Chemical Papers

, Volume 73, Issue 4, pp 891–899 | Cite as

Oxalic acid assisted synthesis of the gadolinium-doped ceria oxide-ion conductor as electrolyte for the solid oxide fuel cells

  • Giedrė Gaidamavičienė
  • Brigita Abakevičienė
  • Artūras ŽalgaEmail author
Original Paper


The aim of this paper is to investigate the thermal behavior of as-prepared Gd–Ce–O acetate–oxalate (GCO–AO) precursors and their affinity to the decomposition processes of the starting materials by means of thermogravimetric and differential scanning calorimetric analyses (TG/DTG/DTA). Moreover, the influence of the temperature, heating atmosphere, and heat treatment time on both the morphology and crystal structure of the Ce–Gd–O gel precursor were additionally investigated in detail using a scanning electron microscopy (SEM), X-ray diffraction (XRD) and Fourier transform infrared spectroscopy (FT–IR). The obtained TG/DTG/DTA results revealed that the formation of the gadolinium-doped ceria (GDC) ceramic was closely related to the thermal decomposition processes of the initial compounds: gadolinium (III) acetate and cerium (IV) acetate. The powder XRD patterns of the heat-treated GCO–AO sample revealed that the crystallization process for the GDC ceramic starts at 1173 K, whereas the temperature and heat treatment time significantly affected on the surface morphology and the size of the obtained particles. Besides, the spectra of FT–IR analysis showed that the vibration modes of the oxygen–metal–oxygen (O–M–O) in GDC ceramic heat-treated at different temperatures were equivalent, although the sample heat-treated at 1273 K demonstrated a completely different optical behavior. In that case a strong absorption outspread in the region from 1000 to 500 cm−1 was observed, which could be attributed to the initial formation of the nano-sized spherical particles in size of about 50–100 nm.


Co-precipitation synthesis Sol–gel processing Thermal analysis X-ray diffraction 



The research leading to these results has received funding from Lithuanian–French Programme “Gilibert” under project agreement no S-LZ-17-7.


  1. Accardo G, Ferone C, Cioffi R, Frattini D, Spiridigliozzi L, Dell’Agli G (2016) Electrical and microstructural characterization of ceramic gadolinium-doped ceria electrolytes for ITSOFCs by sol–gel route. J Appl Biomater Funct Mater 14:E35–E41. Google Scholar
  2. Accardo G, Frattini D, Ham HC, Han JH, Yoon SP (2018) Improved microstructure and sintering temperature of bismuth nano-doped GDC powders synthesized by direct sol–gel combustion (vol 44, pg 3800). Ceram Int 44:10020. CrossRefGoogle Scholar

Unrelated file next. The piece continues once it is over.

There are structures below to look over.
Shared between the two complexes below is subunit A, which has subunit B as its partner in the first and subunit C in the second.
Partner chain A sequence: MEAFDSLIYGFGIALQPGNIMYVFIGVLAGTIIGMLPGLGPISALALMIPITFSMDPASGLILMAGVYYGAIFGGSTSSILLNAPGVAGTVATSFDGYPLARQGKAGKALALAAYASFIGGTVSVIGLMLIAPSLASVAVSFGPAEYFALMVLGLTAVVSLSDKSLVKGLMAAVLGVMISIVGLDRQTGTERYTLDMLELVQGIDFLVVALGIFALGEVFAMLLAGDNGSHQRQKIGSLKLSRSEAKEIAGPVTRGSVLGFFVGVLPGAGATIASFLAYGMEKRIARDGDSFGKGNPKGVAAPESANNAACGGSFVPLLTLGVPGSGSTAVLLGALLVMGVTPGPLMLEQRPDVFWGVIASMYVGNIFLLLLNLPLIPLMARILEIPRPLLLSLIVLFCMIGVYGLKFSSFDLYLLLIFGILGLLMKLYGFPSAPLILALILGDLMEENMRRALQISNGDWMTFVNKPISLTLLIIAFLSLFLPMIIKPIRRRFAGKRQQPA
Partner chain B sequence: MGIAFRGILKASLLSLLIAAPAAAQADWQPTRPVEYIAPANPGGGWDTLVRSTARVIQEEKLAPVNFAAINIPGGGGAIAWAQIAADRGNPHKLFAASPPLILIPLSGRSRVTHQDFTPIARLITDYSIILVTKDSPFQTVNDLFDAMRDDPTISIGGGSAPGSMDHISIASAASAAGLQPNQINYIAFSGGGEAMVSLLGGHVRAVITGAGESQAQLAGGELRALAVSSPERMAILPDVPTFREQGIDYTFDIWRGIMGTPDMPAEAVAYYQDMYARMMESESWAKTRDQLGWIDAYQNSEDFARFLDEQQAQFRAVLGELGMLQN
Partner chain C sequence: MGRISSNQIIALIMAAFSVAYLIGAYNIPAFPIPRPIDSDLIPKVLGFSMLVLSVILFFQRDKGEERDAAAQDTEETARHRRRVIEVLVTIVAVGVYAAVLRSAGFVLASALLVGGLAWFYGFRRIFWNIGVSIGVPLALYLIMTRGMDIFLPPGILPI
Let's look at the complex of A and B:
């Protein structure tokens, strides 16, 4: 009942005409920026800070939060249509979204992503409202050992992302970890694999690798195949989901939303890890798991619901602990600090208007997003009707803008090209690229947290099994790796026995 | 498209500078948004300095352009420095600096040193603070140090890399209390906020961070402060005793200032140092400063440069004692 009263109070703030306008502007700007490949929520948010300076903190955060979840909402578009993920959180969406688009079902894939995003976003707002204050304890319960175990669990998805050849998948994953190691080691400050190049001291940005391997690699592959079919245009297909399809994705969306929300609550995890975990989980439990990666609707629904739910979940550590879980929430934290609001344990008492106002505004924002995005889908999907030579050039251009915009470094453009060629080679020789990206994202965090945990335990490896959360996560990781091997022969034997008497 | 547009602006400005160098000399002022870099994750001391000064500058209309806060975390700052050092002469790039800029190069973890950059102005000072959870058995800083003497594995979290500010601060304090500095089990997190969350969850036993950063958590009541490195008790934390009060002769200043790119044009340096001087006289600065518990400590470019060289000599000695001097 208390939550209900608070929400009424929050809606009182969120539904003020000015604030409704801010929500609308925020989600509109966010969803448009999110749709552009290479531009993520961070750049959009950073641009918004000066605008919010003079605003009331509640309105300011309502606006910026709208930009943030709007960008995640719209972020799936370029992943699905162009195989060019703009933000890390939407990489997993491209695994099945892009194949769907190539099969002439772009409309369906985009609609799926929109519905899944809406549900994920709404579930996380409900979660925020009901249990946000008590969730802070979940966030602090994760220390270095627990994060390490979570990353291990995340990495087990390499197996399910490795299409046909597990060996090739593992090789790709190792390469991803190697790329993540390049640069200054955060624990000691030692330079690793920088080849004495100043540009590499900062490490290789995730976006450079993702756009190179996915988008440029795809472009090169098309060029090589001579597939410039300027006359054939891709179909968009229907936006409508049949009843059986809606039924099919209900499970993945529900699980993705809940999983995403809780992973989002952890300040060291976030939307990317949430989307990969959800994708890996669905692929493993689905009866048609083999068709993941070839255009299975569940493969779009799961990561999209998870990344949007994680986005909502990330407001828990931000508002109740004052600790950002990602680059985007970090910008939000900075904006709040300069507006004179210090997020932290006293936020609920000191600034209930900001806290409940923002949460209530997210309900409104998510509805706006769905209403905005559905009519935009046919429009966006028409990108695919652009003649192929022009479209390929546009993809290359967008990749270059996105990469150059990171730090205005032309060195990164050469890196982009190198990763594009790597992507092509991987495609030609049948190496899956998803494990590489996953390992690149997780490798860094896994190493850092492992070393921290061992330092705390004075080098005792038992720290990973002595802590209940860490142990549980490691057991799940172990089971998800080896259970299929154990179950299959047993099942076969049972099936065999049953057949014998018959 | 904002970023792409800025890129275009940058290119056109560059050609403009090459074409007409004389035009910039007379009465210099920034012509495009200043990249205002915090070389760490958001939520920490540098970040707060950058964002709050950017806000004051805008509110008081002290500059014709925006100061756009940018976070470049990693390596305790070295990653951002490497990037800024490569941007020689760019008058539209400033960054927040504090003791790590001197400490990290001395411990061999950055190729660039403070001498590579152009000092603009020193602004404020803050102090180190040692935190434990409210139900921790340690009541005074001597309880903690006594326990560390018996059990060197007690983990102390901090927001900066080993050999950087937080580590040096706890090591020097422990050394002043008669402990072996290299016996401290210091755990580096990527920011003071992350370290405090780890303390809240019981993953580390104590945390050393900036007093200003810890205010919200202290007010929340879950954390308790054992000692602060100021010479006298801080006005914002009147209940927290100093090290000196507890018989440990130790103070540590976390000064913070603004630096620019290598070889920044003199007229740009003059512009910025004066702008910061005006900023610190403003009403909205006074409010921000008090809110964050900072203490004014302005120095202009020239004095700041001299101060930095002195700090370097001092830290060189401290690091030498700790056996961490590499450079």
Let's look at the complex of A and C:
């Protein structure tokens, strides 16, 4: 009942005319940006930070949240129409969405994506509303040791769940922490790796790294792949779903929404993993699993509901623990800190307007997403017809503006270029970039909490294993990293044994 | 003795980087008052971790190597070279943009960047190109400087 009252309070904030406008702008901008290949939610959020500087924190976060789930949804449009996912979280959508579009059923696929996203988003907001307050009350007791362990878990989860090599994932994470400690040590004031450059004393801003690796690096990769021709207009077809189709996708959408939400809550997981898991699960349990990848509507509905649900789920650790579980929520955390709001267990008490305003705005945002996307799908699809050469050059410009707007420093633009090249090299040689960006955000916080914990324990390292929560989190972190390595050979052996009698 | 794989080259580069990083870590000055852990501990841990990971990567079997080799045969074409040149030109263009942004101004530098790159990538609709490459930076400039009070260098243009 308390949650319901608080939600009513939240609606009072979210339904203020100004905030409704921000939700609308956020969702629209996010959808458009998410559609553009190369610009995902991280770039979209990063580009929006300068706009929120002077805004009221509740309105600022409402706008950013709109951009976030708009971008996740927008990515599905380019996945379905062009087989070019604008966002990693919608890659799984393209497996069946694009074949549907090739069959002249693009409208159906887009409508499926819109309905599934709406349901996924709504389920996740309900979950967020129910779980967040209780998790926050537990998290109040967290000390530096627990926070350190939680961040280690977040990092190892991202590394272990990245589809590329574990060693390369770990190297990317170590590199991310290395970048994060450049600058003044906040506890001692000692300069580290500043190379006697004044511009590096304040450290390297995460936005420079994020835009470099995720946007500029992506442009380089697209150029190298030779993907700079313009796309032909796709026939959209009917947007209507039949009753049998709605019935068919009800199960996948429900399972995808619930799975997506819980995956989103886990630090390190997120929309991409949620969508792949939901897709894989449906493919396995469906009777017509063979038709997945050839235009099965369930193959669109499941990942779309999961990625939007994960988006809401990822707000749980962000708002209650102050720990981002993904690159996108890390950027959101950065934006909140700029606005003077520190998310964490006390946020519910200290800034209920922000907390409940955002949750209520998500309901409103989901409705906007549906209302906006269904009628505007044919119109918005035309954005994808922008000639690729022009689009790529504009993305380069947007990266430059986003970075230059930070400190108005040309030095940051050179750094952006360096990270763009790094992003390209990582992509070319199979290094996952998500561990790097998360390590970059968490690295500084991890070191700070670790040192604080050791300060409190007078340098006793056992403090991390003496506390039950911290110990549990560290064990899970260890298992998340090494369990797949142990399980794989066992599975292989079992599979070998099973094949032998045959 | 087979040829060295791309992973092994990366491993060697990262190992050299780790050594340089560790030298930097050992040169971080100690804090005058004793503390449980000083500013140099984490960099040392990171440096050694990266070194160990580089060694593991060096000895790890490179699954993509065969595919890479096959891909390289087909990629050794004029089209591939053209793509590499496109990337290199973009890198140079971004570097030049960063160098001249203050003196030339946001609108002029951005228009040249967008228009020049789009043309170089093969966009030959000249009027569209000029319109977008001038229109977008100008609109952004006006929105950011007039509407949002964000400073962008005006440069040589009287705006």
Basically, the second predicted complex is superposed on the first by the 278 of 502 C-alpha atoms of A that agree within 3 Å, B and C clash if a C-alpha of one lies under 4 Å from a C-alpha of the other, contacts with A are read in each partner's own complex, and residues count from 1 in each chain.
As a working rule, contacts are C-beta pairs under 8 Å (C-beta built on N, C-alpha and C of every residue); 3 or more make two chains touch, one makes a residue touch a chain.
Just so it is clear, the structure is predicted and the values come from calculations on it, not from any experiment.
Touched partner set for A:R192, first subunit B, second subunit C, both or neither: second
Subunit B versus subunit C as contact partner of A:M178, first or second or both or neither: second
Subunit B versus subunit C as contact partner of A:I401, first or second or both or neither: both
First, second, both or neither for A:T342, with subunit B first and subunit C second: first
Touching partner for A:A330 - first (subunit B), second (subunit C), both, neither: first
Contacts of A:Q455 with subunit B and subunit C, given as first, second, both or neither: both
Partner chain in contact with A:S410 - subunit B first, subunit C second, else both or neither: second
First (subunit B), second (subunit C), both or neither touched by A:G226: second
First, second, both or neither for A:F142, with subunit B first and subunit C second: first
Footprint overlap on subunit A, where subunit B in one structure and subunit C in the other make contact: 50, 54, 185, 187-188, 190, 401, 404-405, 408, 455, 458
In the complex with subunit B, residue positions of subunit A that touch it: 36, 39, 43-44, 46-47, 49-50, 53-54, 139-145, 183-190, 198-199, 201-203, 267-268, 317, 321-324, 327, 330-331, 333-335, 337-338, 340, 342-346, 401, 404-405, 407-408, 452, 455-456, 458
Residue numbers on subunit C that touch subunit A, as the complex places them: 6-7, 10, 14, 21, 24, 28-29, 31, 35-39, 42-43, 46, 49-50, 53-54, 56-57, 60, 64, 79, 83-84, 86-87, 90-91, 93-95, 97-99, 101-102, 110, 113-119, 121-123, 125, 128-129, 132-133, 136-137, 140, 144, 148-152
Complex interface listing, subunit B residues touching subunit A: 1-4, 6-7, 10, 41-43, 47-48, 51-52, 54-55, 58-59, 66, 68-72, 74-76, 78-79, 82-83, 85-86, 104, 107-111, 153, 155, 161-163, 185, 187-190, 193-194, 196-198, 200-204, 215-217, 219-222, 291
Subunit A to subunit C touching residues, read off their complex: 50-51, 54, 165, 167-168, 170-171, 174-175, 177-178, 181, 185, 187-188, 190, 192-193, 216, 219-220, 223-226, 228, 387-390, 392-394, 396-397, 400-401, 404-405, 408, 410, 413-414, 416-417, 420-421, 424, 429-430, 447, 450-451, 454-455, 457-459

3. Arabaci A (2015) Effect of Sm and Gd dopants on structural characteristics and ionic conductivity of ceria. Ceram Int 41:5836–5842. CrossRefGoogle Scholar
  4. Arabaci A, Oksuzomer MF (2012) Preparation and characterization of 10 mol% Gd doped CeO2 (GDC) electrolyte for SOFC applications. Ceram Int 38:6509–6515. CrossRefGoogle Scholar
  5. Batista RM, Muccillo ENS (2016) Dilatometry analysis of the sintering process of nanostructured gadolinia-doped ceria. J Therm Anal Calorim 126:1007–1013. CrossRefGoogle Scholar
  6. Batista RM, Muccillo ENS (2018) Analysis of the sintering process in gadolinia-doped ceria by thermodilatometry and correlation with microstructure evolution. J Therm Anal Calorim 132:851–857. CrossRefGoogle Scholar
  7. Braziulis G, Janulevicius G, Stankeviciute R, Zalga A (2014) Aqueous sol–gel synthesis and thermoanalytical study of the alkaline earth molybdate precursors. J Therm Anal Calorim 118:613–621. CrossRefGoogle Scholar
  8. Chavan AU, Jadhav LD, Jamale AP, Patil SP, Bhosale CH, Bharadwaj SR, Patil PS (2012) Effect of variation of NiO on properties of NiO/GDC (gadolinium doped ceria) nano-composites. Ceram Int 38:3191–3196. CrossRefGoogle Scholar
  9. Choolaei M, Cai Q, Slade RCT, Horri BA (2018) Nanocrystalline gadolinium-doped ceria (GDC) for SOFCs by an environmentally-friendly single step method. Ceram Int 44:13286–13292. CrossRefGoogle Scholar
  10. Chourashiya MG, Jadhav LD (2011) Synthesis and characterization of 10%Gd doped ceria (GDC) deposited on NiO-GDC anode-grade-ceramic substrate as half cell for IT-SOFC. Int J Hydrog Energy 36:14984–14995. CrossRefGoogle Scholar
  11. Daza PCC, Meneses RAM, Rodrigues ACM, da Silva CRM (2018) Ionic conductivities and high resolution microscopic evaluation of grain and grain boundaries of cerium-based codoped solid electrolytes. Ceram Int 44:13699–13705. CrossRefGoogle Scholar
  12. De Marco V, Iannaci A, Lo Faro M, Sglavo VM (2017) Influence of copper-based anode composition on intermediate temperature solid oxide fuel cells performance. Fuel Cells 17:708–715. CrossRefGoogle Scholar
  13. Diaz-Parralejo A, Cuerda-Correa EM, Macias-Garcia A, Diaz-Diez MA, Sanchez-Gonzalez J (2011) Tailoring the properties of Yttria-stabilized zirconia powders prepared by the sol–gel method for potential use in solid oxide fuel cells. Fuel Process Technol 92:183–189. CrossRefGoogle Scholar
  14. Escudero M, Fuerte A (2017) Performance of ceria-electrolyte solid oxide fuel cell using simulated biogas mixtures as fuel. Adv Energy Power 5:20–26. Google Scholar